Dan's Domain Site
Structure: New Top Level Domains, Part 2
In 2002, the president of ICANN indicated that a second round of new TLDs might be upcoming, this time limited to sponsored TLDs, as this variety has apparently had the least problems of the different types of TLDs (though the actual complete evaluation which was supposed to occur regarding the "proof-of-concept" TLD launch has yet to be completed). Various groups have been agitating for them, including the travel industry for .travel and the mobile telephone industry for .mobile, .mob, or .m. Meanwhile, some people have noticed that a .root domain has mysteriously appeared in the root servers, containing exactly one second-level name: vrsn-end-of-zone-marker-dummy-record.root. Was this some kind of secret test? Nobody seemed to know for sure.
At any rate, an announcement in early 2004 showed the Internet public who the next group of eager applicants was:
It looks like .mobi is the mobile-phone domain under application -- makes me think of Moby Dick. And you've got two competing applications for .tel for telephone-related uses. (One of them seems to duplicate the concept of ENUM, already being implemented in a .arpa subdomain.) .mail relates to e-mail (an anti-spam scheme consisting of getting domain holders to register a corresponding subdomain of .mail like example.net.mail to be used by mail servers), while .post relates to "snail mail" (being a domain for postal-related entities). .asia seems to be a regional TLD; Europe already managed to get one (.eu) as a pseudo-country-code. Does .jobs really need its own TLD? When you're seeking jobs at a particular company, you can go to its normal corporate site and look for a "Jobs" link; would the existence of SomeCorp.jobs in place of or in addition to jobs.SomeCorp.com actually be much help? (Or is that TLD just being created to give a vanity address to Apple Computer co-founder steve.jobs?) .cat is not for online felines, but for the Catalan language and culture. I hear that the Caterpillar heavy-equipment company is cyberzerk about stopping all other uses of those three letters online, so will they sue whoever gets that TLD?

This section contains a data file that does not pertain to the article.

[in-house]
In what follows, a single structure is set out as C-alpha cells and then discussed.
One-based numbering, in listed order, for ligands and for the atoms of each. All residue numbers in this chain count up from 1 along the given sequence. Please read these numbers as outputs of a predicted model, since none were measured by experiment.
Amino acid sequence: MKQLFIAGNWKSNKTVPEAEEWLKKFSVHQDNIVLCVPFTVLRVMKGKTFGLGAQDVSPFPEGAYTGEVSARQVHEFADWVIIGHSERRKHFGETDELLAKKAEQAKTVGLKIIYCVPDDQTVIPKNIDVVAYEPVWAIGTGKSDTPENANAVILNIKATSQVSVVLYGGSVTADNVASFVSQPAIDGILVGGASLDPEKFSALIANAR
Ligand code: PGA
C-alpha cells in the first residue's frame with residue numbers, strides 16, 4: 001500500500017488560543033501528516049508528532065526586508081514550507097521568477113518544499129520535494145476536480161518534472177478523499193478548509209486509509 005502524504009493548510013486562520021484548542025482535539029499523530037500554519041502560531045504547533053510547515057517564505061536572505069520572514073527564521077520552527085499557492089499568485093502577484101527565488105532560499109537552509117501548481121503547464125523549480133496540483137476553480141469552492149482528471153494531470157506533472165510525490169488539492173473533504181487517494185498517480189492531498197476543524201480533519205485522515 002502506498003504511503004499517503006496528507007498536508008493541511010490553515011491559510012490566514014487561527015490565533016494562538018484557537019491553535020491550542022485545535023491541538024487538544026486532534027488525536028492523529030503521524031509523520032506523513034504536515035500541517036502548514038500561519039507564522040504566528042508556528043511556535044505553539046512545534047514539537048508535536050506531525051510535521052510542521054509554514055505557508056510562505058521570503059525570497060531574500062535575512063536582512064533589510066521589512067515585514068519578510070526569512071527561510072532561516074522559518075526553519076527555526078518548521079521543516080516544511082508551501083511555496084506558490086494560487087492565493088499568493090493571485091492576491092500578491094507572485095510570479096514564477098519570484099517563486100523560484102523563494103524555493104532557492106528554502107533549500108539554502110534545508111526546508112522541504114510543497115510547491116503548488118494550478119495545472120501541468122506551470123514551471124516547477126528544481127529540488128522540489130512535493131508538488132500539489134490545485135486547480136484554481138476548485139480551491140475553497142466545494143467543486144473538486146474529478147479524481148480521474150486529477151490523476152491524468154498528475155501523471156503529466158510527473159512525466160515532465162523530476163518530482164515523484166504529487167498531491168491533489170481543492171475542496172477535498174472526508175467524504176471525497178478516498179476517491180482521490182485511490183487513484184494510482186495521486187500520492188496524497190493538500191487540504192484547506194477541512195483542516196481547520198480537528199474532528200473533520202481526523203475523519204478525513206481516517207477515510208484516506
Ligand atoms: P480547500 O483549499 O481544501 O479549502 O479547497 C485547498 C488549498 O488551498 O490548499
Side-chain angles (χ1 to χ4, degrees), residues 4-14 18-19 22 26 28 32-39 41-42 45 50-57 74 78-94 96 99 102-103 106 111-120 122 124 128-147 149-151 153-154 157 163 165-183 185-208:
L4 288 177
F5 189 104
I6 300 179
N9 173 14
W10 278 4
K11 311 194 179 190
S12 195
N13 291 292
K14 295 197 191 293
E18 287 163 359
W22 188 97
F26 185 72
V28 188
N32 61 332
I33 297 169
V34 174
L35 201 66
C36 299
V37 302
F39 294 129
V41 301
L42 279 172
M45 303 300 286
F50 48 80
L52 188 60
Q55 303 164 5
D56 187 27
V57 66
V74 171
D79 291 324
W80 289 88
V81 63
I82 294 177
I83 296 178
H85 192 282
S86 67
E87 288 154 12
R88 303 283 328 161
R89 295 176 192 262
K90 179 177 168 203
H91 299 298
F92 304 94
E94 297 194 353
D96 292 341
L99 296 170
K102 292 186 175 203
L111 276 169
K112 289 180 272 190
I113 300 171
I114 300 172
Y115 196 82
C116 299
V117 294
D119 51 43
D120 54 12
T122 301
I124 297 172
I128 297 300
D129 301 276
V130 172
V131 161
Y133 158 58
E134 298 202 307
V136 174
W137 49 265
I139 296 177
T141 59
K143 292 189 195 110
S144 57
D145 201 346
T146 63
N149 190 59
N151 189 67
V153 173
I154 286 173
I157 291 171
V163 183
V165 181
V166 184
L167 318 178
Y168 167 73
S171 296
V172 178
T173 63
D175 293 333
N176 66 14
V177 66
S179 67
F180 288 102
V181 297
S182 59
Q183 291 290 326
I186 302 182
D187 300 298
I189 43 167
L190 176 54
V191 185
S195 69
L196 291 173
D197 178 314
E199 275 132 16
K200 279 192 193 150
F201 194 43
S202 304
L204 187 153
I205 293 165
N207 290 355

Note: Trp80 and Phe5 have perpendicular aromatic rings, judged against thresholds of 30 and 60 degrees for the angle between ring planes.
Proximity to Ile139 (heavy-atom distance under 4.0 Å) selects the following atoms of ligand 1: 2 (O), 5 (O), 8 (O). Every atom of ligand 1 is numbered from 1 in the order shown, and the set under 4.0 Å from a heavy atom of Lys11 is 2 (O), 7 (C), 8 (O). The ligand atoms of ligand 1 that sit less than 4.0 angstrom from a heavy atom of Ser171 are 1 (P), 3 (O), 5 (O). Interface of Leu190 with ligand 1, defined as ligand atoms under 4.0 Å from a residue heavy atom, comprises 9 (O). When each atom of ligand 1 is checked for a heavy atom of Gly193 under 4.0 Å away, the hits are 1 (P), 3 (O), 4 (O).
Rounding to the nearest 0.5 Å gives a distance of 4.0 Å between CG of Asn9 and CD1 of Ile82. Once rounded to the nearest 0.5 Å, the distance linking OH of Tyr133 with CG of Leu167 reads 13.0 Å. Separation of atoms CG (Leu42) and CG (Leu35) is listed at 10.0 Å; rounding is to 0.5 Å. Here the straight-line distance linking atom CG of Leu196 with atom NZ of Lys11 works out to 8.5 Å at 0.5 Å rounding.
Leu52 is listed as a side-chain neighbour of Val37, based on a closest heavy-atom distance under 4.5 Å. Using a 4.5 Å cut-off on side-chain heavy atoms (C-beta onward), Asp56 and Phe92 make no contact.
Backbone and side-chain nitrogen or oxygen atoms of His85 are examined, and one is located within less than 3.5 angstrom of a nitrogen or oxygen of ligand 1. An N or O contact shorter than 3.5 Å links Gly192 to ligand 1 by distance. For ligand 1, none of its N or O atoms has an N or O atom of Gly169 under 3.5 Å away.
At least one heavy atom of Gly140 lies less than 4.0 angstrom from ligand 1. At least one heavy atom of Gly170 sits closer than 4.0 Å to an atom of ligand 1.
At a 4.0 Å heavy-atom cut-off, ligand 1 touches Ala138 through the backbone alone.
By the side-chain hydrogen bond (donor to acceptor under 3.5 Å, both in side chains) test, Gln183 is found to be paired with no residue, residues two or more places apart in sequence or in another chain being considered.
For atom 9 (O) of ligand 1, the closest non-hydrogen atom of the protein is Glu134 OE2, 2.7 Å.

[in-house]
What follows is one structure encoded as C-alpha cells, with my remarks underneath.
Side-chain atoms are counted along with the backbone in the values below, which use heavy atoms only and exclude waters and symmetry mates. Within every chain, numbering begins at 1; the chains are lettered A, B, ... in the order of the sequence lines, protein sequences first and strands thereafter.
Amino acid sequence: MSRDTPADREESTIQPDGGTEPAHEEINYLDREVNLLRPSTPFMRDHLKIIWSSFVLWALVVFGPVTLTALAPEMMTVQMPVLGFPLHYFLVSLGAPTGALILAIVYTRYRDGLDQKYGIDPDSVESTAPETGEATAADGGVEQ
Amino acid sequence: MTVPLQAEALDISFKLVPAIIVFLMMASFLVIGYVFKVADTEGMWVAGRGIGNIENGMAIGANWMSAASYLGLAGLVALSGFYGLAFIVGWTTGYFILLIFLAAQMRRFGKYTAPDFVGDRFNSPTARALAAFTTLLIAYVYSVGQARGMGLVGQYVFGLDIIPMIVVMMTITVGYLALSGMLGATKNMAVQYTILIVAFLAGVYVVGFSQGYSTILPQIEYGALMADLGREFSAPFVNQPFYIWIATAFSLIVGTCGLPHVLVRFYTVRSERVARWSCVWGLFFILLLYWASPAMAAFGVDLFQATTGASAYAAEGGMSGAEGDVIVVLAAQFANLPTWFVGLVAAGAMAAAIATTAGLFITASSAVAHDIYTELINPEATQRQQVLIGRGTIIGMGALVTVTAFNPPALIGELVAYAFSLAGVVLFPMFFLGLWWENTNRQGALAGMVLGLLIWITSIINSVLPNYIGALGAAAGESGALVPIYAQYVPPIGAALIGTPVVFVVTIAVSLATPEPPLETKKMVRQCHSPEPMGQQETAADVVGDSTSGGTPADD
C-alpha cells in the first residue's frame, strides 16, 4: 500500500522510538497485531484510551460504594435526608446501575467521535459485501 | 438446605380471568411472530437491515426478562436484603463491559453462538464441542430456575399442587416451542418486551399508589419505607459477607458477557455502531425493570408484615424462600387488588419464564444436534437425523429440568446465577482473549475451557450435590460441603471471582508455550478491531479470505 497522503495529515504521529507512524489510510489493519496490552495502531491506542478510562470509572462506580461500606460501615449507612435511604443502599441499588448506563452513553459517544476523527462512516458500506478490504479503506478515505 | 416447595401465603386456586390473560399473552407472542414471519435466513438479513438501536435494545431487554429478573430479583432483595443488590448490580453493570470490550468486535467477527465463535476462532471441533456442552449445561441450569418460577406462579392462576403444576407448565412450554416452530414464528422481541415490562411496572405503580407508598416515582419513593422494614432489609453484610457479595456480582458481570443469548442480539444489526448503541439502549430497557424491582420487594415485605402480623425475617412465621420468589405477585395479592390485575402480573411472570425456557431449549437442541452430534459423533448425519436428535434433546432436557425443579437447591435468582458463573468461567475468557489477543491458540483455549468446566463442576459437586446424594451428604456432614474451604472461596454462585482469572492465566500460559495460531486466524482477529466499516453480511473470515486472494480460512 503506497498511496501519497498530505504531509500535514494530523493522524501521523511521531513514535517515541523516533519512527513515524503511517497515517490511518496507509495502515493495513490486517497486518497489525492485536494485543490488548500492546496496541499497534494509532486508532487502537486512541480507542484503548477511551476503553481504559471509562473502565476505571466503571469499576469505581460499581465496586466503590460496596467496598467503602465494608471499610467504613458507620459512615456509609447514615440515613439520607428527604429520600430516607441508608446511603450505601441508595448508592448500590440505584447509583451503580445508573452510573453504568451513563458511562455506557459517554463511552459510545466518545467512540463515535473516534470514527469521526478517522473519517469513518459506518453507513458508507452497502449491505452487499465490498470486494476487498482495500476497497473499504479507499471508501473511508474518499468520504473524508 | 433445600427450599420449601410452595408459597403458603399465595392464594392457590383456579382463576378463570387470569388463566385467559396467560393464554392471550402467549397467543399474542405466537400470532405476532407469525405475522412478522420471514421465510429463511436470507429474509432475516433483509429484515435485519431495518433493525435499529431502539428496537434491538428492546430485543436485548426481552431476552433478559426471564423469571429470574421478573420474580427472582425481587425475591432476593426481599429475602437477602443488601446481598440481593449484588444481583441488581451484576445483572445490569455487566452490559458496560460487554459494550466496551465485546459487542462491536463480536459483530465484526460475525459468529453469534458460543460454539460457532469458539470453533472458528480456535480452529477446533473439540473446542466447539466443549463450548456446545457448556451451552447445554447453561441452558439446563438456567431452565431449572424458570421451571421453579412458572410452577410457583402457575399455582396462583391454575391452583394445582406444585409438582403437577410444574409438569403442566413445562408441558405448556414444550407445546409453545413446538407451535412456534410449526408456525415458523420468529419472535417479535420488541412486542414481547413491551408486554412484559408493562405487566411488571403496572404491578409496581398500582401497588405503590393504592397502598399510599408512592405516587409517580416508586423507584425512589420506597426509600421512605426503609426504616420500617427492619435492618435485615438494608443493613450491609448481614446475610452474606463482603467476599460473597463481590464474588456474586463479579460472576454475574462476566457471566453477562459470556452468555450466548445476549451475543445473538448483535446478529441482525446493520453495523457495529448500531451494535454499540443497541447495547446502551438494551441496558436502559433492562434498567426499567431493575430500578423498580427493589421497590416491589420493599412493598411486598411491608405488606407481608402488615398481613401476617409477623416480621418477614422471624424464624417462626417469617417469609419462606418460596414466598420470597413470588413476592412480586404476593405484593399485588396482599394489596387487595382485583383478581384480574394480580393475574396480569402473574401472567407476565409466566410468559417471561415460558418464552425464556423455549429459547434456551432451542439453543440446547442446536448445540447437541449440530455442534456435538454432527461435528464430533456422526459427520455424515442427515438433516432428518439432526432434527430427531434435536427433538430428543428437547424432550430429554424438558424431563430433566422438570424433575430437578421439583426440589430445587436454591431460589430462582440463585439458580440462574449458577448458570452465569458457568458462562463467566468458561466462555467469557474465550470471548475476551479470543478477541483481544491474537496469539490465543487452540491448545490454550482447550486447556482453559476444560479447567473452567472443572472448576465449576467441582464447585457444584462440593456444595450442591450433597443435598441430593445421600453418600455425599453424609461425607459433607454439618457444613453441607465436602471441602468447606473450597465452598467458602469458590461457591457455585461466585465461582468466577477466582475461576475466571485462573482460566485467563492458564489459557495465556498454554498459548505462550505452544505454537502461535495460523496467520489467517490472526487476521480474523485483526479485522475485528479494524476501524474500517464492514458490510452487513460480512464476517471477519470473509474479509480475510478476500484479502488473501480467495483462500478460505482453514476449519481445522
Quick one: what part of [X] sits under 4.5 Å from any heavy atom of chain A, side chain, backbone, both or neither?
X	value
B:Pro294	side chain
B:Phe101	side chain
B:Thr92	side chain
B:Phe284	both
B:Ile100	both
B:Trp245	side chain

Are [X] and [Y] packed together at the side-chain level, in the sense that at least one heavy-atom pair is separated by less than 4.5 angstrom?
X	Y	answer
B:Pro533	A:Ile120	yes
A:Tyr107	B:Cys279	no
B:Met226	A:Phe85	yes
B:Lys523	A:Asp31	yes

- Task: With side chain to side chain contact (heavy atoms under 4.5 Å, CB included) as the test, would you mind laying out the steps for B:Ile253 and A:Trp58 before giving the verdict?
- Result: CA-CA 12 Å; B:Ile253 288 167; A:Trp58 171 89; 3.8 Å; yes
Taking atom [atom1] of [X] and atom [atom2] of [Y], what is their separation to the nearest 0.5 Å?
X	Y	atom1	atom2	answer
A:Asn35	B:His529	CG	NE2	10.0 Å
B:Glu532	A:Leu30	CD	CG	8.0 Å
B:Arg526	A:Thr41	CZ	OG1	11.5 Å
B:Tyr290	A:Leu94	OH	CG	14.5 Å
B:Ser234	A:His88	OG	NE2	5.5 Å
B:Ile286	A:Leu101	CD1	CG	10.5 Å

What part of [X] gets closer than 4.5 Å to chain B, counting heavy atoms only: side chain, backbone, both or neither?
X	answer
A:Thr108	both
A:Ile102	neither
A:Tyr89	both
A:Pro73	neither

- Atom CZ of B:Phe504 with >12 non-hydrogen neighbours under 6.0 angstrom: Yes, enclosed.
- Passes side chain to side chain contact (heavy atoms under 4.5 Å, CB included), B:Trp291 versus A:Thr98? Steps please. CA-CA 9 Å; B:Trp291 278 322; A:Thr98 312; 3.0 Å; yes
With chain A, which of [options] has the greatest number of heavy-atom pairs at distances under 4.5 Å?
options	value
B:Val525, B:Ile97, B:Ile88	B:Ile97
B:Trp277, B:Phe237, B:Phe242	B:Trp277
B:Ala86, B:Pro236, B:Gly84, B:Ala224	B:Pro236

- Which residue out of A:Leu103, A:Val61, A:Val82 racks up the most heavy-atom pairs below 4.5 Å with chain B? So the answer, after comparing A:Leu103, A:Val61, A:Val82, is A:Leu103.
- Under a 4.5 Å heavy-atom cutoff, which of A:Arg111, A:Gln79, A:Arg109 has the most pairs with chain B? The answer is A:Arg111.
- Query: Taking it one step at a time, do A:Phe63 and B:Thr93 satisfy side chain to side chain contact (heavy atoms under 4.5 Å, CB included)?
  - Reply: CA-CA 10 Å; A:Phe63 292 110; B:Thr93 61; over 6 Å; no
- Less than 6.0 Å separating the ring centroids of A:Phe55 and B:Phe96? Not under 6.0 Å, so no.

See the public comments on the ICANN site.
In October, 2004, it was announced that .post and .travel were moving forward toward likely approval. In December, .mobi and .jobs were added to this list. In 2005, .cat and .xxx were approved. The other applications are still in limbo (neither accepted or rejected), and some might resurface in the open-ended new TLD round of 2010.
.post -- for post offices and postal systems
The US Postal Service doesn't even use their current proper top level domain, .gov, preferring the improper .com. So how is anybody going to get post offices around the world to line up to use this new domain?
The proposed naming scheme is a bit complex, with some types of entities expected to register third-level names, while others get second-level names but they must end in a dash and a special code of some sort (e.g., country codes). So why not make those third-level domains instead of imposing a "faux-structure" via hyphens?